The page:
Education Secretary Gavin Williamson has announced plans to enable students to return home for Christmas, after growing concerns regarding recent university Covid-19 outbreaks.
There has been increasing worries regarding the well-being of students currently self-isolating in university halls. Students from Manchester Metropolitan University have compared their situation to “being in prison”.
Mr Williamson has rejected claims by Labour MPs that the government had not adequately prepared for the return of millions of students to universities, and insists that universities should continue the current blended learning of face-to-face and online teaching.
“There are many courses including medicine and dentistry, as well as the creative arts, which require a face-to-face element,” the Education Secretary added.
While the government and other regulators have yet to release official statistics, Uni Covid UK has reported that 75 universities have had positive cases on their respective campuses.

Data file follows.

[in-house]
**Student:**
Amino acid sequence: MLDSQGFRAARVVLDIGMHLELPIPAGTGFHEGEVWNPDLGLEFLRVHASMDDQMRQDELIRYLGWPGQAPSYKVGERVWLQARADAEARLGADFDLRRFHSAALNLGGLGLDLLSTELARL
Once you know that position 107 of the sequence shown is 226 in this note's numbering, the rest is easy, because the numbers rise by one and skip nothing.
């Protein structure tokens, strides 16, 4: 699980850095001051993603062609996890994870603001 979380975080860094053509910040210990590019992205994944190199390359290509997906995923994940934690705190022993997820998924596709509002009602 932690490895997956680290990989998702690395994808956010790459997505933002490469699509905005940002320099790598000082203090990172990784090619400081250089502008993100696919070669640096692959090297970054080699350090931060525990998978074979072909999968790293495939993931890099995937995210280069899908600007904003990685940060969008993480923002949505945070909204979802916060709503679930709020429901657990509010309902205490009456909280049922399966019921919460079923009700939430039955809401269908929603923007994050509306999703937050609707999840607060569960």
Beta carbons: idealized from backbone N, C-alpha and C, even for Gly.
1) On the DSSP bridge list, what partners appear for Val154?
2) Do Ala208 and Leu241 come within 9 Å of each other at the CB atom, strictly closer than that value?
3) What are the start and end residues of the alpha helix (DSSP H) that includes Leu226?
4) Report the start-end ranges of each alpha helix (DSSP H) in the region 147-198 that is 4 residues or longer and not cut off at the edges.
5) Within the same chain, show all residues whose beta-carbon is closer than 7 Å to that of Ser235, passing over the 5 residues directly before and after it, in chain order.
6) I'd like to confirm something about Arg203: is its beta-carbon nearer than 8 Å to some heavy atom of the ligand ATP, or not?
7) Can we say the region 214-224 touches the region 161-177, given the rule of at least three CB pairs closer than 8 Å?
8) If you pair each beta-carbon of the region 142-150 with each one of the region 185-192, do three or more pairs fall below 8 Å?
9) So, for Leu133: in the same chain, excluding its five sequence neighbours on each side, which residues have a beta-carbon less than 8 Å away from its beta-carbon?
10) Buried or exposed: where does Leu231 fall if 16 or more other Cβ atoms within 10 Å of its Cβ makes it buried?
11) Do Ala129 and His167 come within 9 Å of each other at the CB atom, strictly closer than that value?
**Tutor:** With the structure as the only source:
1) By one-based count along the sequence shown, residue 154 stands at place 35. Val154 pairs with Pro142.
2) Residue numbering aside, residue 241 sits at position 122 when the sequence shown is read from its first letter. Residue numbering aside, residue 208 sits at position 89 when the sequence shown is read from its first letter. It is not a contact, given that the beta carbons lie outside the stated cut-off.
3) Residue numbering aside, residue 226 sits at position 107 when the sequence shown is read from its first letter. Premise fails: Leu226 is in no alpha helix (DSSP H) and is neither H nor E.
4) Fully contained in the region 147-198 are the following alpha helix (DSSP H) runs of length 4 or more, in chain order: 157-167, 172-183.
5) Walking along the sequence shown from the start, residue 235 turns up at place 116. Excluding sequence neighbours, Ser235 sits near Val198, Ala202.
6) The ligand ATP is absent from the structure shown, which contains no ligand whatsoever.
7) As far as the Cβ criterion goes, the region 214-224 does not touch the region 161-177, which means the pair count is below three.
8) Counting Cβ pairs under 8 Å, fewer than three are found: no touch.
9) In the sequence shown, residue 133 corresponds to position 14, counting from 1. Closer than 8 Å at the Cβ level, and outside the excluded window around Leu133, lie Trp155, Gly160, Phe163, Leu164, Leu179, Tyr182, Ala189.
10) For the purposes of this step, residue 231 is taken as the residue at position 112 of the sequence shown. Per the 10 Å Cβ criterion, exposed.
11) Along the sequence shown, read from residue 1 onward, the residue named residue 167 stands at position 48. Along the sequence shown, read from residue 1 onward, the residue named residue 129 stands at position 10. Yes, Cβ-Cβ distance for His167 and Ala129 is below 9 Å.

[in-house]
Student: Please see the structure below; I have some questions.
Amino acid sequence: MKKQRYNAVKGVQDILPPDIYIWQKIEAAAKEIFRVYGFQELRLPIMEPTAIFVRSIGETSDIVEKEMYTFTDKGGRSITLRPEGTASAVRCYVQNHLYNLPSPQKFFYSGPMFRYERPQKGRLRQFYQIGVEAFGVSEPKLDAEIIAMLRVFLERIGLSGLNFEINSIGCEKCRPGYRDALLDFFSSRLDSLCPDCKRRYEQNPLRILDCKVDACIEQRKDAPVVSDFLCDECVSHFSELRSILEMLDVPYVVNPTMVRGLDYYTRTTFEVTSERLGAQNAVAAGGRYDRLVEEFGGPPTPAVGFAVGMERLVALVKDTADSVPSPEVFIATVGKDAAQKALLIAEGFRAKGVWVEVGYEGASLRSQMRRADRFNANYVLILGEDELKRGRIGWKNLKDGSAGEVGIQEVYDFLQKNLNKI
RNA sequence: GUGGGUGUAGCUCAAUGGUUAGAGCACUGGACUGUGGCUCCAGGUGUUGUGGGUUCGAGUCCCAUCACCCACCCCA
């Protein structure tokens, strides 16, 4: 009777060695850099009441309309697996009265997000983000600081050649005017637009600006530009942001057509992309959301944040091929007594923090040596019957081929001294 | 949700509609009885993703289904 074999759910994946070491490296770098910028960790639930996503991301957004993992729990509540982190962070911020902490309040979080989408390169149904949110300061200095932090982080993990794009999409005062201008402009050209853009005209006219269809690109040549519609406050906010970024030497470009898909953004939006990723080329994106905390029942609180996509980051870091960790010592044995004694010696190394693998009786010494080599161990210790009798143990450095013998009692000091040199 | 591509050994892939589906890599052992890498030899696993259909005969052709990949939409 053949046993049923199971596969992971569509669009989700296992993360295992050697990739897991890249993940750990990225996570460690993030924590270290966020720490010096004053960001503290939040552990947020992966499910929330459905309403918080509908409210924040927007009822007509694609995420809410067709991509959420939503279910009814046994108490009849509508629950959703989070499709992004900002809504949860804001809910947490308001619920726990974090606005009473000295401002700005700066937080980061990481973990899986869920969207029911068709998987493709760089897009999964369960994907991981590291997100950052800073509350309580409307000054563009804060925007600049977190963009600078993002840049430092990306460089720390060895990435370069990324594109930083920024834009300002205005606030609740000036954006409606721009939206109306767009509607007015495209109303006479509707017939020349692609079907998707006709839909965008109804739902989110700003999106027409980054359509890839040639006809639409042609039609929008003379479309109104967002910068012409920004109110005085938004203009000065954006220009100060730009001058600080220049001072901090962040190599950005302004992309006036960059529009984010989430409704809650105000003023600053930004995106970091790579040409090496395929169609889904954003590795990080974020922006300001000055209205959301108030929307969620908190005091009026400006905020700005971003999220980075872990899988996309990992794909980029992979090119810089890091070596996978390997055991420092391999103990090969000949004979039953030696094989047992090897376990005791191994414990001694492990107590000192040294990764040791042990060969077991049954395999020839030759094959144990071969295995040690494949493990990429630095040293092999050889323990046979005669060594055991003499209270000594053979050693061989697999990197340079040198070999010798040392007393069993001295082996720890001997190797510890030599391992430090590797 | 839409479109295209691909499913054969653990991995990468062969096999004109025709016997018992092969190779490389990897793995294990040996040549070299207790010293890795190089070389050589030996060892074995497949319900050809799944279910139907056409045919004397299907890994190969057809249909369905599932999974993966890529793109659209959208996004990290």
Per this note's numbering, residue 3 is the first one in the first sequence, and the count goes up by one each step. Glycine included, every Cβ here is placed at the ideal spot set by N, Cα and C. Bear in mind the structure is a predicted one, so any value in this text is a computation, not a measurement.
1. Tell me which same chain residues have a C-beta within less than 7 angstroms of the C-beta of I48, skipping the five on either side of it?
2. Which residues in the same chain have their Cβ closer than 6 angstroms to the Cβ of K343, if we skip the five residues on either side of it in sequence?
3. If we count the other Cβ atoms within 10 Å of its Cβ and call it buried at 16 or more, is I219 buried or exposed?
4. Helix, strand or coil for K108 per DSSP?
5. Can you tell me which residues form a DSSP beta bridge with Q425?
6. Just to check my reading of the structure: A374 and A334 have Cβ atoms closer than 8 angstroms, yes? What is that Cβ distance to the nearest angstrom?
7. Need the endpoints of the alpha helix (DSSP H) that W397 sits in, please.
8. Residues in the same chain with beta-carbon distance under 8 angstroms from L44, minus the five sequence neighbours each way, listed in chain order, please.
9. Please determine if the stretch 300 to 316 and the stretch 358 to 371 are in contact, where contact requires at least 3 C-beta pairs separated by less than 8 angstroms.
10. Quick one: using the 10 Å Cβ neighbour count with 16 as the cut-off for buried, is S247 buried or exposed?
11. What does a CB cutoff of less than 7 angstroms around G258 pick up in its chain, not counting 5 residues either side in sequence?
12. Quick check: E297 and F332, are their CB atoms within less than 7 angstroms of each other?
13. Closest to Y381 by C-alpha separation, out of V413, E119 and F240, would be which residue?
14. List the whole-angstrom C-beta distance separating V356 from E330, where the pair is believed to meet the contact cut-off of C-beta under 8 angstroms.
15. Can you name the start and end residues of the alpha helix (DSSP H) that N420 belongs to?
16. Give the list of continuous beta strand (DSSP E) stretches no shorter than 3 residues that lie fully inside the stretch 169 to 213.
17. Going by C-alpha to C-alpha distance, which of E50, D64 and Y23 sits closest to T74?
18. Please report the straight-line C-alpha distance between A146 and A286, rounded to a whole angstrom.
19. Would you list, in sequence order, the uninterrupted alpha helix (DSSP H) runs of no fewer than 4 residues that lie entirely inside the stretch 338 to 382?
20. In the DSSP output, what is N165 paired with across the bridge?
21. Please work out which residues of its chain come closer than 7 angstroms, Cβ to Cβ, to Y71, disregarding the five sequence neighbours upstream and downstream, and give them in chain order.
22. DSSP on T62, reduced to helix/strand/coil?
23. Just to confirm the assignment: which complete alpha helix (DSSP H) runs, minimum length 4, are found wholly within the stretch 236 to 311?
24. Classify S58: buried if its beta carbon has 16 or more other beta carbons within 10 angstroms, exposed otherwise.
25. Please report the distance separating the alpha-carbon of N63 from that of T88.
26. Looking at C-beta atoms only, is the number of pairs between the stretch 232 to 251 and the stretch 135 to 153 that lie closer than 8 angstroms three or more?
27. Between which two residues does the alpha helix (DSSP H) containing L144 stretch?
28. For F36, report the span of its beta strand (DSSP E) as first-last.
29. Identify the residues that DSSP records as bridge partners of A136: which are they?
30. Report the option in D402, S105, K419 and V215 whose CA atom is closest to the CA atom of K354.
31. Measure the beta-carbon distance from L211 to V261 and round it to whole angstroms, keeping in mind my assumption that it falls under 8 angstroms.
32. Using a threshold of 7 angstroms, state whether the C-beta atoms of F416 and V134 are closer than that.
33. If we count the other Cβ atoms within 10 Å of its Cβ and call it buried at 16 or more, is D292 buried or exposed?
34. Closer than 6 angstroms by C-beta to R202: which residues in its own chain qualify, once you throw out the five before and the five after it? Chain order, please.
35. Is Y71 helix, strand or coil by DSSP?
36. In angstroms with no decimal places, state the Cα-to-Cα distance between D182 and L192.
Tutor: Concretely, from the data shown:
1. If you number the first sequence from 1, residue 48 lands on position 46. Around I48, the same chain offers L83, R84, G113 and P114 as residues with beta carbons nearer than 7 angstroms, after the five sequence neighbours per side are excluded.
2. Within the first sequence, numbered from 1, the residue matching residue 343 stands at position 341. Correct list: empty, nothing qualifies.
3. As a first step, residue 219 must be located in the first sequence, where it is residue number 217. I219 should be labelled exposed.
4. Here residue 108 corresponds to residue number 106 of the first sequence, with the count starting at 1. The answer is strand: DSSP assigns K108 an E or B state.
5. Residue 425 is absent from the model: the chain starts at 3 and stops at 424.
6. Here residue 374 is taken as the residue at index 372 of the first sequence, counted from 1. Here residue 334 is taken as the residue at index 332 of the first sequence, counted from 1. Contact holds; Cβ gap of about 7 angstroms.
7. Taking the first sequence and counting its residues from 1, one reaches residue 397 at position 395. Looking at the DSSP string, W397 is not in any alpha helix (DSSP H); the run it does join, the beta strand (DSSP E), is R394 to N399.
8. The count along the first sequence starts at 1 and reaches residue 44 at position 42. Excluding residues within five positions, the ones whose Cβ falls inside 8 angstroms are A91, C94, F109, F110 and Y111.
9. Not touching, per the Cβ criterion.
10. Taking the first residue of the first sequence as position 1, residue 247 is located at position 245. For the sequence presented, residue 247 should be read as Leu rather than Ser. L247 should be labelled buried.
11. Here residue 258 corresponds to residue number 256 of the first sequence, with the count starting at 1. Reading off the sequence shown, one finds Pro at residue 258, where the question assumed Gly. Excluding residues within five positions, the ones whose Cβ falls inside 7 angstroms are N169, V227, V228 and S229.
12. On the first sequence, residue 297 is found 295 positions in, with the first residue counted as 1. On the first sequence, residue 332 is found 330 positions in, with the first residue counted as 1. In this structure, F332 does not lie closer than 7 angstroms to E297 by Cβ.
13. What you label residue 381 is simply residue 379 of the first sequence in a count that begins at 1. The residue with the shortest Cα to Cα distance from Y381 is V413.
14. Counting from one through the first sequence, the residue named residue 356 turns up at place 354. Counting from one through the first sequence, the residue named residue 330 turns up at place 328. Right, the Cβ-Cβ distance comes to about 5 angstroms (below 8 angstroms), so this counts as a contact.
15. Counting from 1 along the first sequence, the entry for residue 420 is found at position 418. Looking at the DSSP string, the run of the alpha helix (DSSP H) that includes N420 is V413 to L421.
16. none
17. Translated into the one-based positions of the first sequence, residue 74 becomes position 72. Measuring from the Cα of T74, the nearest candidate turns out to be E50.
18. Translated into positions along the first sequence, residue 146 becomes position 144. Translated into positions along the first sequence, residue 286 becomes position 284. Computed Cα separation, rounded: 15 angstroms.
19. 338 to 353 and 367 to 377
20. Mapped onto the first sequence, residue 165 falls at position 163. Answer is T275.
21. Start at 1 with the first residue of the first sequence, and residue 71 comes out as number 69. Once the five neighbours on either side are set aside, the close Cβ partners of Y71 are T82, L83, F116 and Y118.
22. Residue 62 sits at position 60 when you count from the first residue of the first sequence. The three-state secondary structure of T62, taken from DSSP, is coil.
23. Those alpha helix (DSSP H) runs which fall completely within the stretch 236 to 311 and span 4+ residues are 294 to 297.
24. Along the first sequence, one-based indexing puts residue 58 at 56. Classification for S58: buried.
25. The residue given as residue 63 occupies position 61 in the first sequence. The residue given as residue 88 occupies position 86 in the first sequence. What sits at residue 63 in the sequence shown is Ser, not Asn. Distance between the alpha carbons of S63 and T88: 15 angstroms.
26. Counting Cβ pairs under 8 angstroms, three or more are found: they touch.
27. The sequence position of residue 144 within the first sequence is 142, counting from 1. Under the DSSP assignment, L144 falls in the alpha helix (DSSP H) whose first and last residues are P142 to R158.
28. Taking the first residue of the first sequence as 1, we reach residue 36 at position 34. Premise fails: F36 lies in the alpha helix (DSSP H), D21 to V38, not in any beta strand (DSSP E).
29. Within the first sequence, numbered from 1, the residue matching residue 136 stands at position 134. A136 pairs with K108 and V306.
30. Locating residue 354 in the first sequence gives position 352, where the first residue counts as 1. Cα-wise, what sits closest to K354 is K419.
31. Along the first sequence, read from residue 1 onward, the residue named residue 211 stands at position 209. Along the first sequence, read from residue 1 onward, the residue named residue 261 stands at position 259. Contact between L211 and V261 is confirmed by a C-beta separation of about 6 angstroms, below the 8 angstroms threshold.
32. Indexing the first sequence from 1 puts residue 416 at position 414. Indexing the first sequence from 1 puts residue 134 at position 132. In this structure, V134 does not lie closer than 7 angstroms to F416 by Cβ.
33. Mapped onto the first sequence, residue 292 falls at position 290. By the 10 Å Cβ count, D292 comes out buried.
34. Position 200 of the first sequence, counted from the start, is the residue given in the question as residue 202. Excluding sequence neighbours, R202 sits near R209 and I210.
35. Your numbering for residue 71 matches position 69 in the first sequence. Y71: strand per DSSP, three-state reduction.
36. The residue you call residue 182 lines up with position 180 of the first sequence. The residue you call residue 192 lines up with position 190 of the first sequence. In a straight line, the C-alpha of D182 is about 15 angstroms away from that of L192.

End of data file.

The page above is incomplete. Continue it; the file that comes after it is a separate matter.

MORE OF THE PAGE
Shadow Education Secretary Kate Green has described the situation as “predictable and predicted”, with Labour also criticising Williamson for failing “to get testing fit-for-purpose”.
One student at the University of Edinburgh described being left without food for two days while in self-isolation. Both Glasgow and Edinburgh universities have described such incidents as “teething problems” to be dealt with as the situation develops.
There may be a requirement for some students to self-isolate at the end of term. And we will be working with the sector to ensure this will be possible, including ending in-person learning early, if that is deemed to be necessary
– Gavin Williamson
As part of the new plans, Mr Williamson announced that some students will have to self-isolate before returning home.
“Where there are specific circumstances that warrant it, there may be a requirement for some students to self-isolate at the end of term. And we will be working with the sector to ensure this will be possible, including ending in-person learning early, if that is deemed to be necessary.”
The Independent Sage group has said that starting the academic year with a majority of learning online was the right call after government advisers predicted outbreaks at the start of the autumn term.
The group has outlined five key recommendations for the government, including providing funding to allow universities to transfer all teaching and learning online.